Thursday, September 25, 2014
The resveratrol myth is slowly unwinding
That anti-oxidants in food are good for you has by now been extensively debunked. There is some evidence that they are bad for you. See here and here and here and here and here and here and here and here, for instance. And a favorite anti-oxidant is resveratrol. The latest report:
Pregnant women who have the odd drink should avoid red wine, researchers suggest. They say that an ingredient in the wine that is normally viewed as healthy could harm their unborn child's pancreas.
Resveratrol has been credited with having protective effects against heart disease, cancer, Alzheimer's disease and a number of other conditions.
Naturally present in red wine, red grapes and some berries, it is also available as a supplement.
However, a study now suggests it can lead to developmental abnormalities in the foetal pancreas. The study was carried out by the Division of Diabetes, Obesity and Metabolism and the Division of Reproductive and Development Science at Oregon Health and Science University in the United States.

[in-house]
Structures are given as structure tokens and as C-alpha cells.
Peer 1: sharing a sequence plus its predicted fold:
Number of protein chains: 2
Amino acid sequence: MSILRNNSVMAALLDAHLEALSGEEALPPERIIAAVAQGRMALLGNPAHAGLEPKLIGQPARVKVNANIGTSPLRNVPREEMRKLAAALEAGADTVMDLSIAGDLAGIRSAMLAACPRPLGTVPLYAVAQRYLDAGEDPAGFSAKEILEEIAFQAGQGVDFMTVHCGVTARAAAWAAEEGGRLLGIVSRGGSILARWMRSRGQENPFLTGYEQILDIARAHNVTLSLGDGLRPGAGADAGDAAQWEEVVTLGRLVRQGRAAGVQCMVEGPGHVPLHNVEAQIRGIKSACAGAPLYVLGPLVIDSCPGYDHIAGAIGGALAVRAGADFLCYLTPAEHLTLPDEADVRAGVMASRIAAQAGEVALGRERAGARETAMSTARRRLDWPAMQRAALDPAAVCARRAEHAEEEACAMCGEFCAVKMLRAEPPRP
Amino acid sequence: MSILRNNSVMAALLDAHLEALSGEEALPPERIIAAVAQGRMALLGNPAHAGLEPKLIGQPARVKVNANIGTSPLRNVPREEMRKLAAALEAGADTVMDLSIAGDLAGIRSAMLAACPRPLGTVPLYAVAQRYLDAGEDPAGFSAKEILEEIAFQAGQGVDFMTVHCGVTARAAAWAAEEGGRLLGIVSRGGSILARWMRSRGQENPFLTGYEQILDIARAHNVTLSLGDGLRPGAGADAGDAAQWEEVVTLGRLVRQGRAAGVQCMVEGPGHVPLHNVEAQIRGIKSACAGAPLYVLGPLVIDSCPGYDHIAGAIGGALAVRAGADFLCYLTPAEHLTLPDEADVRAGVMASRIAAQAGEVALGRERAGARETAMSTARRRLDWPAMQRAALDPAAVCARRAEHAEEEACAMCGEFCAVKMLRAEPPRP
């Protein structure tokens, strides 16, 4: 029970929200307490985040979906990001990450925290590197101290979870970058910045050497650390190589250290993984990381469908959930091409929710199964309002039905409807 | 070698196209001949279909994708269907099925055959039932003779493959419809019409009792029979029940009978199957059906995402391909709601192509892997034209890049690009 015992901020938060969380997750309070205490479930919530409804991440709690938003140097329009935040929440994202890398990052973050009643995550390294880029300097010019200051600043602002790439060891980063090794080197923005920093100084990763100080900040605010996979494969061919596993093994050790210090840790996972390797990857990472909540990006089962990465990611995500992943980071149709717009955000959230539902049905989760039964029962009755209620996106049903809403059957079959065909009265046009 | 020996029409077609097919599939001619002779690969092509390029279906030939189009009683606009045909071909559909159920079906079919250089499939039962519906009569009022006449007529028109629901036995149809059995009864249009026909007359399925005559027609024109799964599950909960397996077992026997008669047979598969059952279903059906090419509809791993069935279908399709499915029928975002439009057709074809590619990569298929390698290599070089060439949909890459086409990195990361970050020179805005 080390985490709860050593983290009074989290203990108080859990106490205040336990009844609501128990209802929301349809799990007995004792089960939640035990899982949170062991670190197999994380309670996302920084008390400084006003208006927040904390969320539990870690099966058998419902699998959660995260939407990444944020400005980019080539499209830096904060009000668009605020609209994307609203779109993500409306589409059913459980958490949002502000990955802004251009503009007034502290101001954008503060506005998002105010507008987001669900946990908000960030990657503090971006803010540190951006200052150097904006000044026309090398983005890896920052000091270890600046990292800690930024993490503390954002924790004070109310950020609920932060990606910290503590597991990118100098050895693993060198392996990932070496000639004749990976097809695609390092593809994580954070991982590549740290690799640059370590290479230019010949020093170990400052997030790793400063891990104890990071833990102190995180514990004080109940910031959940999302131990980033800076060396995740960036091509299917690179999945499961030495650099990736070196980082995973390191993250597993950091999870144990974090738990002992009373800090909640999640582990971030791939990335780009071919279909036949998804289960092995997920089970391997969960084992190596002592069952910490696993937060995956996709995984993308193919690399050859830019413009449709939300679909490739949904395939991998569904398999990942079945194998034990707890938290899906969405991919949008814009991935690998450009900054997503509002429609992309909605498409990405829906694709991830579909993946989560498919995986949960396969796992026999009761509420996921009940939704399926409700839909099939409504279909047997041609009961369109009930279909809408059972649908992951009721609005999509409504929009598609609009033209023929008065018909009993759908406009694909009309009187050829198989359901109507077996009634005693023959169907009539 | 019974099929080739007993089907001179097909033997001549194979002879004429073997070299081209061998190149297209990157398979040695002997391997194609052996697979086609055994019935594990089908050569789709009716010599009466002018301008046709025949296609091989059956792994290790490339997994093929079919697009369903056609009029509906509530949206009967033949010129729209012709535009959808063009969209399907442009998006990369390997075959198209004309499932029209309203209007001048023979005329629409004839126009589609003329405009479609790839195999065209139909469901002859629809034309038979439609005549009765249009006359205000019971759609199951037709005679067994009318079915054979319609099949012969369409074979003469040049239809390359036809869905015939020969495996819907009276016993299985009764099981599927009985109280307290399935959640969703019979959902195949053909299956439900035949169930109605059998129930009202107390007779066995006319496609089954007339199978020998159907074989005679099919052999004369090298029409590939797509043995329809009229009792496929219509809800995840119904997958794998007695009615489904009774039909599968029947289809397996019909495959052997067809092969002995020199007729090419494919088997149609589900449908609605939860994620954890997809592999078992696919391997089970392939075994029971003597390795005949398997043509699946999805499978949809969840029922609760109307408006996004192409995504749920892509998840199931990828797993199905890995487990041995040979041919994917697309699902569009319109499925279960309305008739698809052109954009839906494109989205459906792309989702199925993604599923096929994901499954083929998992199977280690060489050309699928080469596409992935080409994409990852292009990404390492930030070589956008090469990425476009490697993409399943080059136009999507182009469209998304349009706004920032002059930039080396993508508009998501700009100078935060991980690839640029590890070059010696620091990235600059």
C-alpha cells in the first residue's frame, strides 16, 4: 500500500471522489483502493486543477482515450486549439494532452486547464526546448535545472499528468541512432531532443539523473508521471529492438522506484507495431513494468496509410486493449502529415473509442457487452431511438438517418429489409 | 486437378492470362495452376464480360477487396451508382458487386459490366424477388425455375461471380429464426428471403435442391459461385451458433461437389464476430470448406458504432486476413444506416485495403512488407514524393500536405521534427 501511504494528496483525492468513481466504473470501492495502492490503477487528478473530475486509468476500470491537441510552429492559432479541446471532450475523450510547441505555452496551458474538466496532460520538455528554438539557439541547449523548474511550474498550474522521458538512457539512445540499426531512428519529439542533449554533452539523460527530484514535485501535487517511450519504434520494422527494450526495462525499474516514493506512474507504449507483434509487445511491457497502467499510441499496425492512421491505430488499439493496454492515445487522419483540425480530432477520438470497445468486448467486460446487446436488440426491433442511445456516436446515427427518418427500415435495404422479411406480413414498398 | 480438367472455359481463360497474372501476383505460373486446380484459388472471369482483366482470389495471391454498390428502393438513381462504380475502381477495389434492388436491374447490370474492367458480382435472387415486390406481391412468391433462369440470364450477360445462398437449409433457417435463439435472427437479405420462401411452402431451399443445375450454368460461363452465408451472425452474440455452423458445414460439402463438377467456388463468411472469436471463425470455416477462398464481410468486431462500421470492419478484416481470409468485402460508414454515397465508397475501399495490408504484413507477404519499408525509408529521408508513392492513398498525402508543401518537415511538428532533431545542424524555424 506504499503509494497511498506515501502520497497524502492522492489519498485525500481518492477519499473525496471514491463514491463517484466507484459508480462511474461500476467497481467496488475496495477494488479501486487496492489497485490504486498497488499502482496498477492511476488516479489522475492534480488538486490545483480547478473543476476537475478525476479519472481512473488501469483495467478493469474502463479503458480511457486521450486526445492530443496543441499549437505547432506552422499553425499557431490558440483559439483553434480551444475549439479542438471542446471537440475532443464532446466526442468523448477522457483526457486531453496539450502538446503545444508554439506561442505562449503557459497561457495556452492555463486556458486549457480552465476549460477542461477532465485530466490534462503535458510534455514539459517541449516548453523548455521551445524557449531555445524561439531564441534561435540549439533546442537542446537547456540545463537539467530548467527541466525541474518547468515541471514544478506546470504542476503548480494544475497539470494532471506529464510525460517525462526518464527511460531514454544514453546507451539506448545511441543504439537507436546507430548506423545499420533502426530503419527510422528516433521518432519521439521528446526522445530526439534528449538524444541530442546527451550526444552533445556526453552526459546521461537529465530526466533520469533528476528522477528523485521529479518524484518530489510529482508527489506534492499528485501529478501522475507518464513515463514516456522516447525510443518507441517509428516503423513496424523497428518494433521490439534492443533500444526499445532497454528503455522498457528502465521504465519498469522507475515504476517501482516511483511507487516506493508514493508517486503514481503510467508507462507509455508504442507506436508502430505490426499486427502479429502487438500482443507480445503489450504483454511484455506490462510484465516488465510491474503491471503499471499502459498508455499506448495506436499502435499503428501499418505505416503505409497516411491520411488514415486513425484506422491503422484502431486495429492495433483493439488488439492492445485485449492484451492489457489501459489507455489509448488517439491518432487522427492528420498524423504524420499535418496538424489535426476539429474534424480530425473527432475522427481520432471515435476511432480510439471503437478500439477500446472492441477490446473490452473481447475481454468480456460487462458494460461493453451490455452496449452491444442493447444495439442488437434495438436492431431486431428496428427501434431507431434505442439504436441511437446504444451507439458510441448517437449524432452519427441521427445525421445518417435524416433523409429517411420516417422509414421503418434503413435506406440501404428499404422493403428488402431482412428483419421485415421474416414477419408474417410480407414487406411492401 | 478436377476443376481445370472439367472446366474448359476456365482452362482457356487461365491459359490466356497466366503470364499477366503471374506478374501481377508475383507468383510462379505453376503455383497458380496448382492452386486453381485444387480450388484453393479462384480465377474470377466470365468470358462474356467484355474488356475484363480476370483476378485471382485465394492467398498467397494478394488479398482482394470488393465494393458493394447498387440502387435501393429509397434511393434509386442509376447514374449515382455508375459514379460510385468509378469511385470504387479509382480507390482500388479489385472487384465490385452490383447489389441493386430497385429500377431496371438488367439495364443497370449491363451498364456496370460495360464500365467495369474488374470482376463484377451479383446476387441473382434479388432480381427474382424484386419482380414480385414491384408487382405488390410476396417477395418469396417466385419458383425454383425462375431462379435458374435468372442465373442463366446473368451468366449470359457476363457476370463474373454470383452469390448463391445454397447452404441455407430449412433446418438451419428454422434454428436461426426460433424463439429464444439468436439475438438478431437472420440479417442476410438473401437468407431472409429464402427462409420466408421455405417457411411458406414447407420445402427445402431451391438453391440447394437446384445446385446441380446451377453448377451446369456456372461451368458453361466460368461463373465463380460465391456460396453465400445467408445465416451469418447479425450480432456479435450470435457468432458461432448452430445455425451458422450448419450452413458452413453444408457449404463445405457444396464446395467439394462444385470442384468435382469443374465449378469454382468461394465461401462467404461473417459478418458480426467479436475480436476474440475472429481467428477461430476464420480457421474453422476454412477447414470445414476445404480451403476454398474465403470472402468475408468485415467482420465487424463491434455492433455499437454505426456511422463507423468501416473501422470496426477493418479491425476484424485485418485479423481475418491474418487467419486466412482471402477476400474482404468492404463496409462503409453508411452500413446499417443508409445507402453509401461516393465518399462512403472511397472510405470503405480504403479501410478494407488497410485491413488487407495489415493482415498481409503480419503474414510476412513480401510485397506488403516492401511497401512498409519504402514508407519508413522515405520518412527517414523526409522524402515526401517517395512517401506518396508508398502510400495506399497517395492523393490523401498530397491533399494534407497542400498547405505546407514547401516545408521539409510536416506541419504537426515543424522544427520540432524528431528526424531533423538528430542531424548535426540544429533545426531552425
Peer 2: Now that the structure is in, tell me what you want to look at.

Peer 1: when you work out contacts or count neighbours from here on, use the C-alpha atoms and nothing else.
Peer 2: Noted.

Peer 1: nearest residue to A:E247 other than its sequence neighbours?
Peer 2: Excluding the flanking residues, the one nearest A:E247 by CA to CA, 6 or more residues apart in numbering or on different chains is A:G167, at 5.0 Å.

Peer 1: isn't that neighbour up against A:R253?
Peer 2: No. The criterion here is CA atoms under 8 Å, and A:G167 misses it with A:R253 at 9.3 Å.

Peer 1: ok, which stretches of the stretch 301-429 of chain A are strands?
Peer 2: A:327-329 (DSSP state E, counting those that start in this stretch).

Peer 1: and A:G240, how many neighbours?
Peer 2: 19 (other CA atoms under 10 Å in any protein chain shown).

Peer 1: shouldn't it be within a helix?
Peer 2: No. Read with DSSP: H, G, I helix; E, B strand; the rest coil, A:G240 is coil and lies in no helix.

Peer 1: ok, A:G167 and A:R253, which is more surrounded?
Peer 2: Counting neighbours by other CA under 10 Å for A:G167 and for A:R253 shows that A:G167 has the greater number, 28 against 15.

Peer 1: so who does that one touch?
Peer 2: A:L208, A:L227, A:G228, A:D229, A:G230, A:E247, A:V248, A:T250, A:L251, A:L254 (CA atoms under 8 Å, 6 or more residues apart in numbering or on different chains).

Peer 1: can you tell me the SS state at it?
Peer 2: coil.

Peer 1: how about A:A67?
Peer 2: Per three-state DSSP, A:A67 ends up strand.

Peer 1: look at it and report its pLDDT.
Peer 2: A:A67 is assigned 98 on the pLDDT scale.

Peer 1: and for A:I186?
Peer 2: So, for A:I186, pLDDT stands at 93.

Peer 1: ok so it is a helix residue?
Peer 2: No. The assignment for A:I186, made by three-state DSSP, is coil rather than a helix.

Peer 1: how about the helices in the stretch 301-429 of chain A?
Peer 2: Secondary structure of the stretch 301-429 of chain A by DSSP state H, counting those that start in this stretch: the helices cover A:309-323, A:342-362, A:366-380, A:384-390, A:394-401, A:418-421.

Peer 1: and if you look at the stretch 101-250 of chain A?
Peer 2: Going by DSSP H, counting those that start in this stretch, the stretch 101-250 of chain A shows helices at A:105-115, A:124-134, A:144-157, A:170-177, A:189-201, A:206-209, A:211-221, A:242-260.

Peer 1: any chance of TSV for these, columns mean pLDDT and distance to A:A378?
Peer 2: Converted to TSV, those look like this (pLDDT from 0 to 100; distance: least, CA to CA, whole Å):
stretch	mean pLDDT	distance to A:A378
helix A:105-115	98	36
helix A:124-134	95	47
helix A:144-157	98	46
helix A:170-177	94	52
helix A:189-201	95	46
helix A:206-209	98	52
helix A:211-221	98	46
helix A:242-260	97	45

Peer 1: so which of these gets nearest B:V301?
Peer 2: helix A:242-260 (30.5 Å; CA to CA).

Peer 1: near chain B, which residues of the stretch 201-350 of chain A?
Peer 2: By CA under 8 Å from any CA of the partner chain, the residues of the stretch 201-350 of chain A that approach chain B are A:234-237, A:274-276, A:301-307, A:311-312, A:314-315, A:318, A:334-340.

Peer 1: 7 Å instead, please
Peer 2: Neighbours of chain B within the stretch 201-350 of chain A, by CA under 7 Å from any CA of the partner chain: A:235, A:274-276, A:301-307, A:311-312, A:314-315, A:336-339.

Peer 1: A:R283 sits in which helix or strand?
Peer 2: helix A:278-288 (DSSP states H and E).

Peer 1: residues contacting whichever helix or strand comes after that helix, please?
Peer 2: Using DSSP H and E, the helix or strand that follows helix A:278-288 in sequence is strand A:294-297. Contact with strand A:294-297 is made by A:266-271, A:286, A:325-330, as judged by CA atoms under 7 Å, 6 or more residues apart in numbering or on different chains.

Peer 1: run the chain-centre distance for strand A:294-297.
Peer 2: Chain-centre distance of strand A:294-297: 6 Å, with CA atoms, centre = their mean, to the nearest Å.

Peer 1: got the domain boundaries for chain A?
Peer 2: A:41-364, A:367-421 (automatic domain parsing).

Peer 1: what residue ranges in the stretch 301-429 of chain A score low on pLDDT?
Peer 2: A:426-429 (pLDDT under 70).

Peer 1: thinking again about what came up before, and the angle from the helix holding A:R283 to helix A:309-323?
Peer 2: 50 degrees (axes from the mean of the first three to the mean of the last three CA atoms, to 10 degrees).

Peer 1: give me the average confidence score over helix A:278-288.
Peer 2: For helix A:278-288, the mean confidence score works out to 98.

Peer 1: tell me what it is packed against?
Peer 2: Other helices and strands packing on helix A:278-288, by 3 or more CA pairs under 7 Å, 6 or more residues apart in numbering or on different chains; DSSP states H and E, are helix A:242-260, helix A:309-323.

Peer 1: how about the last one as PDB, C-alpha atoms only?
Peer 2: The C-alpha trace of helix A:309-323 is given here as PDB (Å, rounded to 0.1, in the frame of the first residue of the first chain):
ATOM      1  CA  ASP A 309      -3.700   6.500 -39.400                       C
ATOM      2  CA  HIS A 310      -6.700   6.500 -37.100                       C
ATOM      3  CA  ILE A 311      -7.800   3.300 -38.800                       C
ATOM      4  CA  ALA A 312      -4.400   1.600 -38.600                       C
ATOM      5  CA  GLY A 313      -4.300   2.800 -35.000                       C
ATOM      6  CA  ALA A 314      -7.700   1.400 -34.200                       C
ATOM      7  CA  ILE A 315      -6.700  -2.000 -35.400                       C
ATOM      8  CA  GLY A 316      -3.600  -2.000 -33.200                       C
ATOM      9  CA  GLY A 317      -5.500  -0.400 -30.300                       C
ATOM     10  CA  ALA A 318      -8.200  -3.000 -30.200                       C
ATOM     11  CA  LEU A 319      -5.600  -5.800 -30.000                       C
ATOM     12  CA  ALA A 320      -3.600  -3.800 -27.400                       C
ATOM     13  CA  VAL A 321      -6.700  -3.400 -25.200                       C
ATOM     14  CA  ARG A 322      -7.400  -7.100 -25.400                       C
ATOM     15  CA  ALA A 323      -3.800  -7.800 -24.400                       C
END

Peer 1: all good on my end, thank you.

Lead researcher on the study Dr Kevin Gove said: 'This study has direct relevance to human health. 'Resveratrol is widely used for its recognised health benefits, and is readily available over the counter.
'The important message in this study is that women should be very careful about what they consume while pregnant, and they should not take supplements, like Resveratrol, without consulting with their doctors. 'What might be good for the mother may not be good for the baby.'
As part of the study, Dr Grove and colleagues gave resveratrol supplements every day throughout pregnancy to obese macaque monkeys eating a Western diet.
A second group of obese monkeys was not given the supplement, and both were compared with lean monkeys fed a healthy diet.
The animals were closely monitored for health complications, and blood flow through the placenta was determined by ultrasound.
The foetuses were analysed for developmental abnormalities, and findings showed definitive evidence of pancreatic abnormalities.
The study was published in the Federation of American Societies for Experimental Biology Journal.
Posted by John J. Ray (M.A.; Ph.D.).